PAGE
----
William Shakespeare

            I pray thee cease thy counsel

Leon. I pray thee cease thy counsel,
Which falls into mine ears as profitless
As water in a sieve. Give not me counsel,
Nor let no comforter delight mine ear
But such a one whose wrongs do suit with mine.
Bring me a father that so lov'd his child,
Whose joy of her is overwhelm'd like mine,
And bid him speak of patience;
Measure his woe the length and breadth of mine,
And let answer every strain for strain,
As thus for thus, and such a grief for such,
In every lineament, branch, shape, and form;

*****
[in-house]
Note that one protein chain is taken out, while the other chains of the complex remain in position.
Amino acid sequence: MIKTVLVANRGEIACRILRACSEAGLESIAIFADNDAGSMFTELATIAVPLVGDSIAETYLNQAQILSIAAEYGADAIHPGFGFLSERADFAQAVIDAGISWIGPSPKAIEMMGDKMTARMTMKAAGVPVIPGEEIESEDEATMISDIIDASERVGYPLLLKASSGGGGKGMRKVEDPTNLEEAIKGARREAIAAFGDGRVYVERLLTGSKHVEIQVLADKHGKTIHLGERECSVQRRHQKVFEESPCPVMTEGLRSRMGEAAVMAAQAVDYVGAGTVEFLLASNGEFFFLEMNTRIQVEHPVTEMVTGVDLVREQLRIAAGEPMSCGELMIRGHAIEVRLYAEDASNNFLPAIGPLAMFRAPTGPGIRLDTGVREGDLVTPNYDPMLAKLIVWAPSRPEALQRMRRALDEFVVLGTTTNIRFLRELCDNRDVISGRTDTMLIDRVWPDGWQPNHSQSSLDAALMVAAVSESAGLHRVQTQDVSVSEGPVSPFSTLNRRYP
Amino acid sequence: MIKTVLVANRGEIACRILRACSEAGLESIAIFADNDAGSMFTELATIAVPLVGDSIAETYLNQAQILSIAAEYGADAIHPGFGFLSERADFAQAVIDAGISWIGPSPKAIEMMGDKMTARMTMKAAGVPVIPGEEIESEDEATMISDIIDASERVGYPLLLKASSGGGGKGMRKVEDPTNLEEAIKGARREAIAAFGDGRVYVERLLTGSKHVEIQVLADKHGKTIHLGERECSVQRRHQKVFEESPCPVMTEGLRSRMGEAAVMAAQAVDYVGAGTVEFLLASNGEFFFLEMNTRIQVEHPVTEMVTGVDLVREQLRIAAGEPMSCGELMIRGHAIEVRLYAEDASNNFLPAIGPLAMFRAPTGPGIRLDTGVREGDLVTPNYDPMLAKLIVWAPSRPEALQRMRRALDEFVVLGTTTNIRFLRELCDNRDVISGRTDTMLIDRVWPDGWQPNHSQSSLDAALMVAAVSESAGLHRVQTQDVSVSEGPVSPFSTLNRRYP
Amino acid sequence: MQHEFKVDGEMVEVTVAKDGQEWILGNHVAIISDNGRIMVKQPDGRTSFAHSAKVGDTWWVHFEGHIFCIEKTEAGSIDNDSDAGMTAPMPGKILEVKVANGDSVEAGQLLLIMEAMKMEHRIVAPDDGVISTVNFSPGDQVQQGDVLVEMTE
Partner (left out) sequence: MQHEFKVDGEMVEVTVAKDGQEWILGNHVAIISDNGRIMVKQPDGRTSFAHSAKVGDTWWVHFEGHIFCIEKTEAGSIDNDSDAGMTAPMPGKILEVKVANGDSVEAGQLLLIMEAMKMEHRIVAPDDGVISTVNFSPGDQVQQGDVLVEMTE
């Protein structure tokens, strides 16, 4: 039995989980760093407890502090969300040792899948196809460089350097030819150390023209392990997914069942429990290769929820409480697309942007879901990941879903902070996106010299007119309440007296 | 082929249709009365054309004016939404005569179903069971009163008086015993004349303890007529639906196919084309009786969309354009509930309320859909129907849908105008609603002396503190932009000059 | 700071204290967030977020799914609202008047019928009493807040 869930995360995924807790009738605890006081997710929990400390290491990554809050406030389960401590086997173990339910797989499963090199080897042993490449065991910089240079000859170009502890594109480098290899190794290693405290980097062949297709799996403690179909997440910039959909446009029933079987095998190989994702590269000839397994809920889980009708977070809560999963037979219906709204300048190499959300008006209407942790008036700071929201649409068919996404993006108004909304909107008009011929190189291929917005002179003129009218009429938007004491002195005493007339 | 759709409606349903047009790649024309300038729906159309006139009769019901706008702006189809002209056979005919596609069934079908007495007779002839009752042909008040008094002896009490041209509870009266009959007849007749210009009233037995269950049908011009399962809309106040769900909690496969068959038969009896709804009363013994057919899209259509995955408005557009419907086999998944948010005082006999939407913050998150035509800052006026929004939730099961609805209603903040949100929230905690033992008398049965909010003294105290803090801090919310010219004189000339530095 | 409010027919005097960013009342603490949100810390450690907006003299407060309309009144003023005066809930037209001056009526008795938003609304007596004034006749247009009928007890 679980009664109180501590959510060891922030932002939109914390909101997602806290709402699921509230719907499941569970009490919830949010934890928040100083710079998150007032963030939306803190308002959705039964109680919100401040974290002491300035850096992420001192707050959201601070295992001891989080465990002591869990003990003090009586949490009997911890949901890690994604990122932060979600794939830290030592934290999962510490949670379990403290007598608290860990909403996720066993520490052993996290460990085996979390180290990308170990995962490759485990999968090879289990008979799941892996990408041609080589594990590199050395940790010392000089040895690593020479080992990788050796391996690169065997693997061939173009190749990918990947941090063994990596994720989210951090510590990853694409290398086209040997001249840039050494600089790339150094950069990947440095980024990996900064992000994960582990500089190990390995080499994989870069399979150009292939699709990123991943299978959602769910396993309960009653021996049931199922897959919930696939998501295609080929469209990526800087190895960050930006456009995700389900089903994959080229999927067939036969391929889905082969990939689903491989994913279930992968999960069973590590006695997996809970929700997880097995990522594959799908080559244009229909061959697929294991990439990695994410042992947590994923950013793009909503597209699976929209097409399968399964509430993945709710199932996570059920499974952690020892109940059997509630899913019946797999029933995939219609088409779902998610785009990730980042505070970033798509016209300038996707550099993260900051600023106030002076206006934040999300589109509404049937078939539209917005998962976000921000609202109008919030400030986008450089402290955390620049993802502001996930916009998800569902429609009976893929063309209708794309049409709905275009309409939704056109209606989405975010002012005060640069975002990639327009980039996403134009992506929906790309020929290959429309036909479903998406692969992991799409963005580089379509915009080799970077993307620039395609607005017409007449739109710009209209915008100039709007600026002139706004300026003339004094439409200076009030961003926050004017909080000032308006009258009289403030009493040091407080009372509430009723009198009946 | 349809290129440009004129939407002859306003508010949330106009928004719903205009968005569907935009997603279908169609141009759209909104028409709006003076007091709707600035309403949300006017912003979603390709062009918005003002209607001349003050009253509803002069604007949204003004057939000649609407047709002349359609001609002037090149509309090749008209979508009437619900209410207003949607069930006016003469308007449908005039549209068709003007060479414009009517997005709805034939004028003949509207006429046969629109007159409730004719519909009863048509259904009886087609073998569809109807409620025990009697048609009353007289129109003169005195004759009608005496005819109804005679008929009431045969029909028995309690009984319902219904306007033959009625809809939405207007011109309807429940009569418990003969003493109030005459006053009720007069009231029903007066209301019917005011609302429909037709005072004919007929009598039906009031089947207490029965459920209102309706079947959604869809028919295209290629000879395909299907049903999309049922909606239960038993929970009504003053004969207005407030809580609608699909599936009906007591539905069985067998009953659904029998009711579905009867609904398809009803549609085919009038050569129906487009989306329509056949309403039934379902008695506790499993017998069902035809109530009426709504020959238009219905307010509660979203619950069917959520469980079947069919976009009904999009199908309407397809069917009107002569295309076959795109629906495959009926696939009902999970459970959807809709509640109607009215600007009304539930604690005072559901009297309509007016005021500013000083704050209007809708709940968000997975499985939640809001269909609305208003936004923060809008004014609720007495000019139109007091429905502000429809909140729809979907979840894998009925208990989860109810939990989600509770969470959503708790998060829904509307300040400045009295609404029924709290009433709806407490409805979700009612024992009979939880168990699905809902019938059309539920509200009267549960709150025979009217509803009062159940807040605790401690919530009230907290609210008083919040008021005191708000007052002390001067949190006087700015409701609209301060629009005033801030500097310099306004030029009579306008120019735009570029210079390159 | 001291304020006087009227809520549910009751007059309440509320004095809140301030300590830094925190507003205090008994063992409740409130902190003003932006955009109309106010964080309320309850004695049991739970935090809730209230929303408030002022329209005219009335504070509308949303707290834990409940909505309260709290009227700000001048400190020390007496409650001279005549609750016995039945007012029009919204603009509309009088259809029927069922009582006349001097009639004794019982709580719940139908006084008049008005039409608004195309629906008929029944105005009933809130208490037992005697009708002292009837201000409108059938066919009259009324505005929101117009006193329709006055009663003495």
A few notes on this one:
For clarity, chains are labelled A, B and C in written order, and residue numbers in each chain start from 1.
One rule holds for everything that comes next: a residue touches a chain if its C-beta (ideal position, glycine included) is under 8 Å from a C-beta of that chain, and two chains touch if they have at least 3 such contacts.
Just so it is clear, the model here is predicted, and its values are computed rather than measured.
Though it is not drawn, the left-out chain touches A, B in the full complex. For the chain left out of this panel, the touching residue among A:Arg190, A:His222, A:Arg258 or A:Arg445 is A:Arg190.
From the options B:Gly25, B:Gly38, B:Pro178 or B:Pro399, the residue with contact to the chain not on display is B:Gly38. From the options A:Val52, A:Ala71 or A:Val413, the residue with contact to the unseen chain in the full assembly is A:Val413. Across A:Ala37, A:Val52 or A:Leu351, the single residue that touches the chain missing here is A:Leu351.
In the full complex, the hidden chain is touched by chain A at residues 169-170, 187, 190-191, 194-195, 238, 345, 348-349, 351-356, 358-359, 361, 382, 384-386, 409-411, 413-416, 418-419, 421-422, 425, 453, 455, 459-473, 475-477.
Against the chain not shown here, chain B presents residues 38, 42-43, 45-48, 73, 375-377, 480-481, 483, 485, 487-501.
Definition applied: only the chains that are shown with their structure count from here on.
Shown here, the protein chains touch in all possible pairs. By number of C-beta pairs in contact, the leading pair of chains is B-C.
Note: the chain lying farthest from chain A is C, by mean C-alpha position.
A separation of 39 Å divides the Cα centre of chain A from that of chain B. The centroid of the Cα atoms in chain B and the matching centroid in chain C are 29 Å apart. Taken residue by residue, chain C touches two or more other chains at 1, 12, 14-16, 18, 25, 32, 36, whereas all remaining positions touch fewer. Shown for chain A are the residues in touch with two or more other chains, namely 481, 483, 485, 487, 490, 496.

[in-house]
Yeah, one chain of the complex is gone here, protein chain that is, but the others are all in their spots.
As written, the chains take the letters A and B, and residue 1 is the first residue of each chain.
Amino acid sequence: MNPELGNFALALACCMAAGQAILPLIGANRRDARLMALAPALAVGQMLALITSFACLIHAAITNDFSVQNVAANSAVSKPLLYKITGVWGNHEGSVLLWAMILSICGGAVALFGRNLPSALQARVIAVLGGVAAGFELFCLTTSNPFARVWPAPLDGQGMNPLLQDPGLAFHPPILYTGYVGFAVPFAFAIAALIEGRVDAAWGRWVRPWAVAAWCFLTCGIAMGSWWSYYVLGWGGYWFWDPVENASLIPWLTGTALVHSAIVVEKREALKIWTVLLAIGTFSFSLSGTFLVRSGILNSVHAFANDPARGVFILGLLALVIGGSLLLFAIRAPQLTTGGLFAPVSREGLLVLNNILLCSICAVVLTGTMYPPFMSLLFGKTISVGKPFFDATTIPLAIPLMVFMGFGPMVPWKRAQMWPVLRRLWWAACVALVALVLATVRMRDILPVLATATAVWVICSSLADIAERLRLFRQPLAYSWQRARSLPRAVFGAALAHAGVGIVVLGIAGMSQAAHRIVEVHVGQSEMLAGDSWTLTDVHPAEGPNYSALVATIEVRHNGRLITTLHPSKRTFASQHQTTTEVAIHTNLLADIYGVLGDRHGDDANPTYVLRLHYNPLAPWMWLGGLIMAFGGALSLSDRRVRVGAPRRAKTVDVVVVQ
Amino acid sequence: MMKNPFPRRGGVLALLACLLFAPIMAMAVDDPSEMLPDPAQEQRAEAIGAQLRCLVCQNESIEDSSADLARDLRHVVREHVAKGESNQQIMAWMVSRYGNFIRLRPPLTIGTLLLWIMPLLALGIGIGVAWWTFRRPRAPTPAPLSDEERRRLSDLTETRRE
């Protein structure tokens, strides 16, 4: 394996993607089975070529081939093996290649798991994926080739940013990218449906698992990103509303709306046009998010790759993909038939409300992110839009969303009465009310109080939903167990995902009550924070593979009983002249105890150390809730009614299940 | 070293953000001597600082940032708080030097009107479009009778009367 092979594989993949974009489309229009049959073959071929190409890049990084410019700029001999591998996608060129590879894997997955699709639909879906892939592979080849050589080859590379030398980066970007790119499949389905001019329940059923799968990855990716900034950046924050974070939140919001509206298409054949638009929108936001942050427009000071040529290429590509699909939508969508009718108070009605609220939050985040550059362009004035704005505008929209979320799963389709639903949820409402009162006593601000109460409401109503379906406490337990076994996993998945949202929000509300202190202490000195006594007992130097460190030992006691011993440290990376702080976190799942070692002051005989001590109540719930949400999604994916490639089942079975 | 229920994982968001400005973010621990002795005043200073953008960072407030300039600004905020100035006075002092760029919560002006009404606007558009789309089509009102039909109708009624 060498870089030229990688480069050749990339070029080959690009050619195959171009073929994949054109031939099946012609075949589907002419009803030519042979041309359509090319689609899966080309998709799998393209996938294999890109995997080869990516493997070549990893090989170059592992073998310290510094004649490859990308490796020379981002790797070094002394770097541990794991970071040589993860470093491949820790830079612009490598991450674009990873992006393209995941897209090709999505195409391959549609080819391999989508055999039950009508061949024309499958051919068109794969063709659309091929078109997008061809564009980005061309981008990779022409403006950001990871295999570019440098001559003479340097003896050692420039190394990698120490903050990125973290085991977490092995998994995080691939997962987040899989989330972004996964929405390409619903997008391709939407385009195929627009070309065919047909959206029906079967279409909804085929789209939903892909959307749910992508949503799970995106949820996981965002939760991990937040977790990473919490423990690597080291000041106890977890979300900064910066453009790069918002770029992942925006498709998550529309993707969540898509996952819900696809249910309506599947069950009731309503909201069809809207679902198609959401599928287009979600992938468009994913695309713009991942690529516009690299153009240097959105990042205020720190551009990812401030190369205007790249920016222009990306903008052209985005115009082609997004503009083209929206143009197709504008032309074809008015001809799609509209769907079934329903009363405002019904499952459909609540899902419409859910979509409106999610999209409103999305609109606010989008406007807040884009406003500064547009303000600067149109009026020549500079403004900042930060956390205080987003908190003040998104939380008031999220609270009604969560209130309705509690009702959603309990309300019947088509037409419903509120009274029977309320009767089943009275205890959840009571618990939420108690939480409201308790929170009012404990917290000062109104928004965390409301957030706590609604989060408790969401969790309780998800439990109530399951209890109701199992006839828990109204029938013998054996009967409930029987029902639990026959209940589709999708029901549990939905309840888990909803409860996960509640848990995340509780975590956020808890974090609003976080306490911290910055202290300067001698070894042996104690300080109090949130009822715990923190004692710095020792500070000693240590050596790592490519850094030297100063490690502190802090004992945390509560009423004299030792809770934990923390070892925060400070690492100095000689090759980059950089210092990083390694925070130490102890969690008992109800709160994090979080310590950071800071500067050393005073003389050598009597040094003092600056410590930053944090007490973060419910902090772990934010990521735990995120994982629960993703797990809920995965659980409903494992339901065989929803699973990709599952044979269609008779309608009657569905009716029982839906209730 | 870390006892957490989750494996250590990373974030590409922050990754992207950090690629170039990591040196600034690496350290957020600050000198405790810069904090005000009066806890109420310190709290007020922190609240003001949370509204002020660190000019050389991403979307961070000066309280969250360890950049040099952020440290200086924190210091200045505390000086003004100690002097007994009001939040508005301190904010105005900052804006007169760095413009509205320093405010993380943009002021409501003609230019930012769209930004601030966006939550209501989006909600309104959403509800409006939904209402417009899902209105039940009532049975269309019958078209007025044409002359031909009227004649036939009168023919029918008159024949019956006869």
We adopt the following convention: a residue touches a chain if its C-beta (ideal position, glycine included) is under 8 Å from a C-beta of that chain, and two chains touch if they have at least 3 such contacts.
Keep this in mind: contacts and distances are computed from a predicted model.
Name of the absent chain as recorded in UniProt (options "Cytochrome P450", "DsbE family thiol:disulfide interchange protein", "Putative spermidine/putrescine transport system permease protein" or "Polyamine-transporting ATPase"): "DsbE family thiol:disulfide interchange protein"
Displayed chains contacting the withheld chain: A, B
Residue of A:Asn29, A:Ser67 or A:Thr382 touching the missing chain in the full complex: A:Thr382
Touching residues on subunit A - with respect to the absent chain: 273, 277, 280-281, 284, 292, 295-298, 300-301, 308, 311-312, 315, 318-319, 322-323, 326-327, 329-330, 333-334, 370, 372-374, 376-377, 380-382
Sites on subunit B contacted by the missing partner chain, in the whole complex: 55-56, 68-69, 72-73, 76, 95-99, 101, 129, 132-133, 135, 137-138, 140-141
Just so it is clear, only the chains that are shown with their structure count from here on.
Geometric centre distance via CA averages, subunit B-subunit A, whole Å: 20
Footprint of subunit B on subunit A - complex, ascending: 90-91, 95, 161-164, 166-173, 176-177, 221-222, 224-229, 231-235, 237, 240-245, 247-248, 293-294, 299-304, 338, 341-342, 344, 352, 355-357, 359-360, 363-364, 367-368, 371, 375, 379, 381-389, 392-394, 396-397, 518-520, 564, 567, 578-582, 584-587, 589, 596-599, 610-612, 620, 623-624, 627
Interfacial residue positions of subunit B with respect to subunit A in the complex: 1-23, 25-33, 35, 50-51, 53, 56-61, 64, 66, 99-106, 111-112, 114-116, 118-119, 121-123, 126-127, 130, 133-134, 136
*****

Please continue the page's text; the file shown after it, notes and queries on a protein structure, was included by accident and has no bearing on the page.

If such a one will smile and stroke his beard,
And, sorrow wag, cry "hem!" when he should groan,
Patch grief with proverbs, make misfortune drunk
With candle-wasters, bring him yet to me,
And I of him will gather patience.
But there is no such man, for, brother, men
Can counsel and speak comfort to that grief
Which they themselves not feel, but tasting if,
Their counsel turns to passion, which before
Would give preceptial med'cine to rage,
Fetter strong madness in a silken thread,
Charm ache with air, and agony with words.
No, no, ‘tis all men's office to speak patience
To those that wring under the load of sorrow,
But no man's virtue nor sufficiency
To be so moral when he shall endure
The like himself. Therefore give me no counsel,
My griefs cry louder than advertisement.

                 –Much Ado About Nothing: II, iii, 6-36

William Shakespeare, from Much Ado About Nothing.